Wholesale

What is it? Buying wholesale means you’re buying products at discounted wholesale rates, and then reselling them at a higher price to gain profit. Here, you’re not making the entire product from scratch – you’re buying something that already exists in the market. This is a business model that new entrepreneurs prefer for many reasons.

Pros:

  • Low risk of backfire:
    A distinct feature of sourcing from wholesalers is that you’re buying and selling ready-made products. These products already have an existing market, so an entrepreneur depending on them don’t have to worry about creating a product that nobody wants.
  • Better deals:
    Wholesalers often sell updated samples of products or catalog products at highly discounted prices. This gives you the edge to snatch the opportunity, and get your choice of goods at a great price.
  • Familiarity with existing brand:
    Since wholesale products already exist in the market, they have their own brand name. Associating your brand with theirs helps positively position your business – that brand-like “aura” becomes unavoidable!

Cons:

  • Increased competition:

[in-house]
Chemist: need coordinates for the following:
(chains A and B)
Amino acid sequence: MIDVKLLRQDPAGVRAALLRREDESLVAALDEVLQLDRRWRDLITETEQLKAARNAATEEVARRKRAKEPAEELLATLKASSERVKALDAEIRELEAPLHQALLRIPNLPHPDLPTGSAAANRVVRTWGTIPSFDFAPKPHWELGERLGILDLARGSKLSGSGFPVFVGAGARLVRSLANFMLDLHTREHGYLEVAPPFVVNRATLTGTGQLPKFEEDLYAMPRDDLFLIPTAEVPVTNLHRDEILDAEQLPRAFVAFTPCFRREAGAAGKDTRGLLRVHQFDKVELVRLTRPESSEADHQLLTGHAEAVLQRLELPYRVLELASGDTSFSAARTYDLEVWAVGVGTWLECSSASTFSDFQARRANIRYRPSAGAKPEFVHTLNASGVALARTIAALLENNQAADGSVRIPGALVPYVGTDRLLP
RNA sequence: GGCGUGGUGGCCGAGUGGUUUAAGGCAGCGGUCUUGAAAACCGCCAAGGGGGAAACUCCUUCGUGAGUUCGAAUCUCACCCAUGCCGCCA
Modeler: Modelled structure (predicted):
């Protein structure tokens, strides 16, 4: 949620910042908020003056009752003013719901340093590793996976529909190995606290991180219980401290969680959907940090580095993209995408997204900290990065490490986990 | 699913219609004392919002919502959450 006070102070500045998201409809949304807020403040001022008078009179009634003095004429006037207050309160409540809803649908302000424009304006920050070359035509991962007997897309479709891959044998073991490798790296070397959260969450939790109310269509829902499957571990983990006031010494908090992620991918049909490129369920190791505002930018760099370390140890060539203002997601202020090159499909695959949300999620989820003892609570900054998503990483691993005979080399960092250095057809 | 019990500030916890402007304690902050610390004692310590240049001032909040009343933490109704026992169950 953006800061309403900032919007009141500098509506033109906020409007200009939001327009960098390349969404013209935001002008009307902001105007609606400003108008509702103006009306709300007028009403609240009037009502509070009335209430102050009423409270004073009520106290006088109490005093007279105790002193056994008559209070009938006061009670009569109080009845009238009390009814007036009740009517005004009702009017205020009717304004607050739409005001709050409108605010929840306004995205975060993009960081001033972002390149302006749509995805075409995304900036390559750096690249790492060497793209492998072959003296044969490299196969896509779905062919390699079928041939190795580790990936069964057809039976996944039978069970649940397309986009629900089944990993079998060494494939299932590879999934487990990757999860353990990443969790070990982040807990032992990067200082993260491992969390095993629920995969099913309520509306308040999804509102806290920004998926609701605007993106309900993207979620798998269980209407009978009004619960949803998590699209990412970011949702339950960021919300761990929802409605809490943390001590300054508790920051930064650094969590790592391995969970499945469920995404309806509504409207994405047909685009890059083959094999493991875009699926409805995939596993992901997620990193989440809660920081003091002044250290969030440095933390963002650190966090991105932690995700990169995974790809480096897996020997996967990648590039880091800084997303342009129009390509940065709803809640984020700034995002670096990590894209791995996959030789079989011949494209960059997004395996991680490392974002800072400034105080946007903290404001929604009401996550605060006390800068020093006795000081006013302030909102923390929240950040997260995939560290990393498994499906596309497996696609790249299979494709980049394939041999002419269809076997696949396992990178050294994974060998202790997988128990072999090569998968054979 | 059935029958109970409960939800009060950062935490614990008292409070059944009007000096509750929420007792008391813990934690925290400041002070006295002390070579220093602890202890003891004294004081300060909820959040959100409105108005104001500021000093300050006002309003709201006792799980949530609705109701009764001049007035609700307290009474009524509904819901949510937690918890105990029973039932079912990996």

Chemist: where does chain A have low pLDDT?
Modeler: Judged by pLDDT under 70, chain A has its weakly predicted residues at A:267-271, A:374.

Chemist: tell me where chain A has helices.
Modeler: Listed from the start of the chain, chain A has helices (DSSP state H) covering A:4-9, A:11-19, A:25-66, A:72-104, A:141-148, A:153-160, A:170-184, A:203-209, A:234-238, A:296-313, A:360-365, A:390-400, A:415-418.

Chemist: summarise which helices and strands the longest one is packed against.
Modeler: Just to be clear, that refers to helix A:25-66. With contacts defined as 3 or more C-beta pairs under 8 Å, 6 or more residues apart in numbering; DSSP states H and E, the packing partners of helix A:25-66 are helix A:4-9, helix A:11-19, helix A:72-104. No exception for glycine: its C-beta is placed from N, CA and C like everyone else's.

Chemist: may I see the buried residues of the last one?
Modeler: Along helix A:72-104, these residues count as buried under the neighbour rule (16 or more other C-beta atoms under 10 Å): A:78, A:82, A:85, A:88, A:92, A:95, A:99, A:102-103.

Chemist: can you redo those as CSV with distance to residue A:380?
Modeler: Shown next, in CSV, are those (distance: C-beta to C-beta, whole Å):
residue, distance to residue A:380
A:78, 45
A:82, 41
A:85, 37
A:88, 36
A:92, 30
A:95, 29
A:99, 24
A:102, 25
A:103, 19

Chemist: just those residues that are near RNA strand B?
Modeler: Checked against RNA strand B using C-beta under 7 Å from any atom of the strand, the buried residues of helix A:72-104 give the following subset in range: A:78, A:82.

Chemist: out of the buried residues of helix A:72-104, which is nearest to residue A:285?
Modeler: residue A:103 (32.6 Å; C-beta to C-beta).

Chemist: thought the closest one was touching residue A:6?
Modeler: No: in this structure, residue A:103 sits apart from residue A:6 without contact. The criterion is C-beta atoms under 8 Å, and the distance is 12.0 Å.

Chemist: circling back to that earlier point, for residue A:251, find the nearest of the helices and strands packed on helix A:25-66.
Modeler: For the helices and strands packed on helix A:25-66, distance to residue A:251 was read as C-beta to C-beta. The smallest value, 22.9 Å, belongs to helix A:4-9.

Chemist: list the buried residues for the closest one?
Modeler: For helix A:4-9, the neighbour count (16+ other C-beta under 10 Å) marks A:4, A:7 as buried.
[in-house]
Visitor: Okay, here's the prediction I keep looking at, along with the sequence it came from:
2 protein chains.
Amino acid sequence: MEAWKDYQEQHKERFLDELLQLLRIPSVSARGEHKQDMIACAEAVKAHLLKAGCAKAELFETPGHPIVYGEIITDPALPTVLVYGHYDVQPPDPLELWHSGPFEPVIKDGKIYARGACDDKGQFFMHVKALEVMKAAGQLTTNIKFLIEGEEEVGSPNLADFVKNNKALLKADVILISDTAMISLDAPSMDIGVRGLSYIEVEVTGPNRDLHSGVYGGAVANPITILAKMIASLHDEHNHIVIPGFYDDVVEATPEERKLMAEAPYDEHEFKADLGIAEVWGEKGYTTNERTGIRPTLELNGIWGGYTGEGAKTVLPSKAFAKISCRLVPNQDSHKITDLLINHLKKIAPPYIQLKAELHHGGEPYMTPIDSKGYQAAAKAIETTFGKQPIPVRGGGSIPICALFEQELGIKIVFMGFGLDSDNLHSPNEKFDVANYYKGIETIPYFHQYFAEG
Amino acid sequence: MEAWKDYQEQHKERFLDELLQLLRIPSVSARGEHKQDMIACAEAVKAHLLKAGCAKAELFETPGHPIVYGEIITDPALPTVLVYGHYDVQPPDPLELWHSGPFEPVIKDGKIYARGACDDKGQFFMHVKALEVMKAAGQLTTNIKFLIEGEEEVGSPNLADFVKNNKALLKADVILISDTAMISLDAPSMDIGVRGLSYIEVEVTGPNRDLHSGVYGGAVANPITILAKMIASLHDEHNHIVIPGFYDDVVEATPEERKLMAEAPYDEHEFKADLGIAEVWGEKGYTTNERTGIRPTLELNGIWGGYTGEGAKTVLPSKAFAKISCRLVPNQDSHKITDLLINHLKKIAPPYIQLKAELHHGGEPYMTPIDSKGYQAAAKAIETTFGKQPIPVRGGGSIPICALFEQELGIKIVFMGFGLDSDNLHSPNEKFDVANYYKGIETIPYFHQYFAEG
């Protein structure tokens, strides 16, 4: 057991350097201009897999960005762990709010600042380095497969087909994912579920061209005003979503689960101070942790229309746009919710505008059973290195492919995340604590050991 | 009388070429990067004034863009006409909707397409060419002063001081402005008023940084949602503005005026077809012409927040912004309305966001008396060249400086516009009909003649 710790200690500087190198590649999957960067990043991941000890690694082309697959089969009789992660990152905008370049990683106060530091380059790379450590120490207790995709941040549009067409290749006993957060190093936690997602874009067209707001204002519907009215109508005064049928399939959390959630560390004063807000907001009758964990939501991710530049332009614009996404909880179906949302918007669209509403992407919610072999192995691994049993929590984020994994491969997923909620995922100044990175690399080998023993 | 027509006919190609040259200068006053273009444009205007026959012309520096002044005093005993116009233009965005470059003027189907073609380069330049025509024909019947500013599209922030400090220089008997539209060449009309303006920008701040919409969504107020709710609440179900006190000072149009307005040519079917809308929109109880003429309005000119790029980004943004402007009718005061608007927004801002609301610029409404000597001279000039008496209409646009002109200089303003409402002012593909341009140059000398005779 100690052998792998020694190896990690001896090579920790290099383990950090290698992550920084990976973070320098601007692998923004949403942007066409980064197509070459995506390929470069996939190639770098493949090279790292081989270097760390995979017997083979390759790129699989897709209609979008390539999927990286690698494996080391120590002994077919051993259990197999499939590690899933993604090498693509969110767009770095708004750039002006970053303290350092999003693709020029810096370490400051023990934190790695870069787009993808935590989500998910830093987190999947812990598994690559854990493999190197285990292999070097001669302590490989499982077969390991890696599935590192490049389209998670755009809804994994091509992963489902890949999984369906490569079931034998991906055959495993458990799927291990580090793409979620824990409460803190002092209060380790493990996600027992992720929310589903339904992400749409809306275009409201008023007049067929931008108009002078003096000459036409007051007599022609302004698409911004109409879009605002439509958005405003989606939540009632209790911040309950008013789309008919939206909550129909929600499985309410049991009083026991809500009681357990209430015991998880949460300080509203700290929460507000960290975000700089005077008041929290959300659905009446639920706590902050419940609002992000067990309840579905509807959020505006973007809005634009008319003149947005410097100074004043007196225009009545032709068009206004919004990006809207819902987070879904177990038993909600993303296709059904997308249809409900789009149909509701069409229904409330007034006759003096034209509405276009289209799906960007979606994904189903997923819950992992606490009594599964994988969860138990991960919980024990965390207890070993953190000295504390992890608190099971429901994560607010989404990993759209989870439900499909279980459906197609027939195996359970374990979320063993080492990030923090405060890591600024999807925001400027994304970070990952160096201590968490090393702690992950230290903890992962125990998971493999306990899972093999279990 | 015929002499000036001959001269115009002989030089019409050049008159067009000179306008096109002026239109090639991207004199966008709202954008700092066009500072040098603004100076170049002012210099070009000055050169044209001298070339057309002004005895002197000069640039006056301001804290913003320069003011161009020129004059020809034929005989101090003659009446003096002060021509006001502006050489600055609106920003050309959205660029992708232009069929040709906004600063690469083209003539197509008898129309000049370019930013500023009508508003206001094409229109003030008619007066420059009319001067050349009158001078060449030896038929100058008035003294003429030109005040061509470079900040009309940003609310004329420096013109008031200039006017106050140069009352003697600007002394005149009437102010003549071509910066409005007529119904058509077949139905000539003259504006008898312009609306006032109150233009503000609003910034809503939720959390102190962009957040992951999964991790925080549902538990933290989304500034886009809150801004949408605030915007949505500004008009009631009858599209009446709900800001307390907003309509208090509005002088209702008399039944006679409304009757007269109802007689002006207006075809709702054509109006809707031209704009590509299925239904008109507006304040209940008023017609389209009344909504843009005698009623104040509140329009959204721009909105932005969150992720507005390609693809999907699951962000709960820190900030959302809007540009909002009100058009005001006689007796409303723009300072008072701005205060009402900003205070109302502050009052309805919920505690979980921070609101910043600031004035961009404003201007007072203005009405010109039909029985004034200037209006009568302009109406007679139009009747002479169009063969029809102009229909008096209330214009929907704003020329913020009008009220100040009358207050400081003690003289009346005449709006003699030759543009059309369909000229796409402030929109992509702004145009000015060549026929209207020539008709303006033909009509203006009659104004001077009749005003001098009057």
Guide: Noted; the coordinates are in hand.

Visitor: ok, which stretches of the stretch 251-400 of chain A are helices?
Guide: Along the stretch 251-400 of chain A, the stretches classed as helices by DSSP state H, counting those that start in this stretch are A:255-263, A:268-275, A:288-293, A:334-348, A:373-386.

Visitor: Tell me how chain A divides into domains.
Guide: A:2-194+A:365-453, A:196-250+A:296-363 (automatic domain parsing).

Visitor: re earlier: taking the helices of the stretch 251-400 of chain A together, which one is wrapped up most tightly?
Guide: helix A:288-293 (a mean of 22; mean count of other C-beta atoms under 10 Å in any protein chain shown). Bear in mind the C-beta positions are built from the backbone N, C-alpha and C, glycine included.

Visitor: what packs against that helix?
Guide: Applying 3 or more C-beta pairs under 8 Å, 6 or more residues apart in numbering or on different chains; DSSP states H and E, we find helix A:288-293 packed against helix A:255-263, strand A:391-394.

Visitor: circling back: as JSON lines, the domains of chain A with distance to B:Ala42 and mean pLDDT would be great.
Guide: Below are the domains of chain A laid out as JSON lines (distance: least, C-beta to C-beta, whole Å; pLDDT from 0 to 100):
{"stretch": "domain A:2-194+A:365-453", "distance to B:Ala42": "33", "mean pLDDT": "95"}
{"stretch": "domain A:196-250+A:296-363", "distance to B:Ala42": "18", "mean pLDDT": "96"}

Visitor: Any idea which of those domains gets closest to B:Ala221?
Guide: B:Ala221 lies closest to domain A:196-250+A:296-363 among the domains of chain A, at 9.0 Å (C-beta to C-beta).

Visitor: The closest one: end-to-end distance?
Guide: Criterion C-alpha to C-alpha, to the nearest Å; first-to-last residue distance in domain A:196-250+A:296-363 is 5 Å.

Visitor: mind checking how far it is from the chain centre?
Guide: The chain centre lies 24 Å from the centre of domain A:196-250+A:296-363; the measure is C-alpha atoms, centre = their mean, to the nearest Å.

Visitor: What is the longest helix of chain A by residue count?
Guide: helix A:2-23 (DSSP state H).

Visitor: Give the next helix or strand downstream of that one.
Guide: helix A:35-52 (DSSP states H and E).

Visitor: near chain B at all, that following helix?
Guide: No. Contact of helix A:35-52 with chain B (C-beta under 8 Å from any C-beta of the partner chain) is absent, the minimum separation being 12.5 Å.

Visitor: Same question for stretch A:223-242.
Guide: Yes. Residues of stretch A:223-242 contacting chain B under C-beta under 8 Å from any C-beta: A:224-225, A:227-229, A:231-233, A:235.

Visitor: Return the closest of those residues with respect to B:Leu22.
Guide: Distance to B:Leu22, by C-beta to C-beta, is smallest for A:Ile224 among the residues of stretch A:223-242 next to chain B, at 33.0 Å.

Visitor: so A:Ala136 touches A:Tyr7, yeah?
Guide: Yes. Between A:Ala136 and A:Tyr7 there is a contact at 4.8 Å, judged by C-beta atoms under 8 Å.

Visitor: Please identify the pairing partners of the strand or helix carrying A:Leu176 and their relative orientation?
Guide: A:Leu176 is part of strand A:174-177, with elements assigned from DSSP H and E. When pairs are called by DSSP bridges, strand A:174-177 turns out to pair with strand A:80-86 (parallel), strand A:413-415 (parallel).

With an already existing market, comes the looming problem of competition. You’re gonna have to compete with other brands to gain attention of the same buyers; this often calls for strenuous amounts of time and money spent on marketing.
  • Price control:
    The degree of pricing freedom you have can be reduced if the people you’re buying from put on certain restrictions. This may disallow you from putting discounts, holiday offers and the like. Your profit margins run the risk of falling low.
  • Inventory management:
    Every business has a limit to how much they can invest on inventory management. The MOQ for wholesale sourcing may be large or small – but in both cases, there is never a fixed value. This makes inventory management that much more unpredictable and hence difficult.

 

A quick solution?

Both wholesale and manufacture sourcing pose the same problem: inconsistent inventory management. Instead of removing the con from both models entirely, you can try to fix it yourself by investing in an inventory management software. Oscar POS is one preferable system; although it seems to contain the functions of a POS terminal, it actually has an inventory management software integrated within, which lets you avoid stock-outs with the help of regular low inventory alerts; overstocking and dusty inventory is also looked after with real-time updating stock levels.

The Verdict

So which model is the right one for you? There is sadly not one fixed answer to that. Depending on the product or niche you’re targeting, the right sourcing business model may be an obvious choice:

  • If you want to resell successful products – pick Wholesale
  • If you want to scale business with low expenses – pick Manufacture

However, you need to realise one thing: such models will shape your business as a whole – therefore, weigh the pros and cons carefully. You may even seek professional advice before you take your first step.

It is important to know that it’s your business – so choose what feels right for you.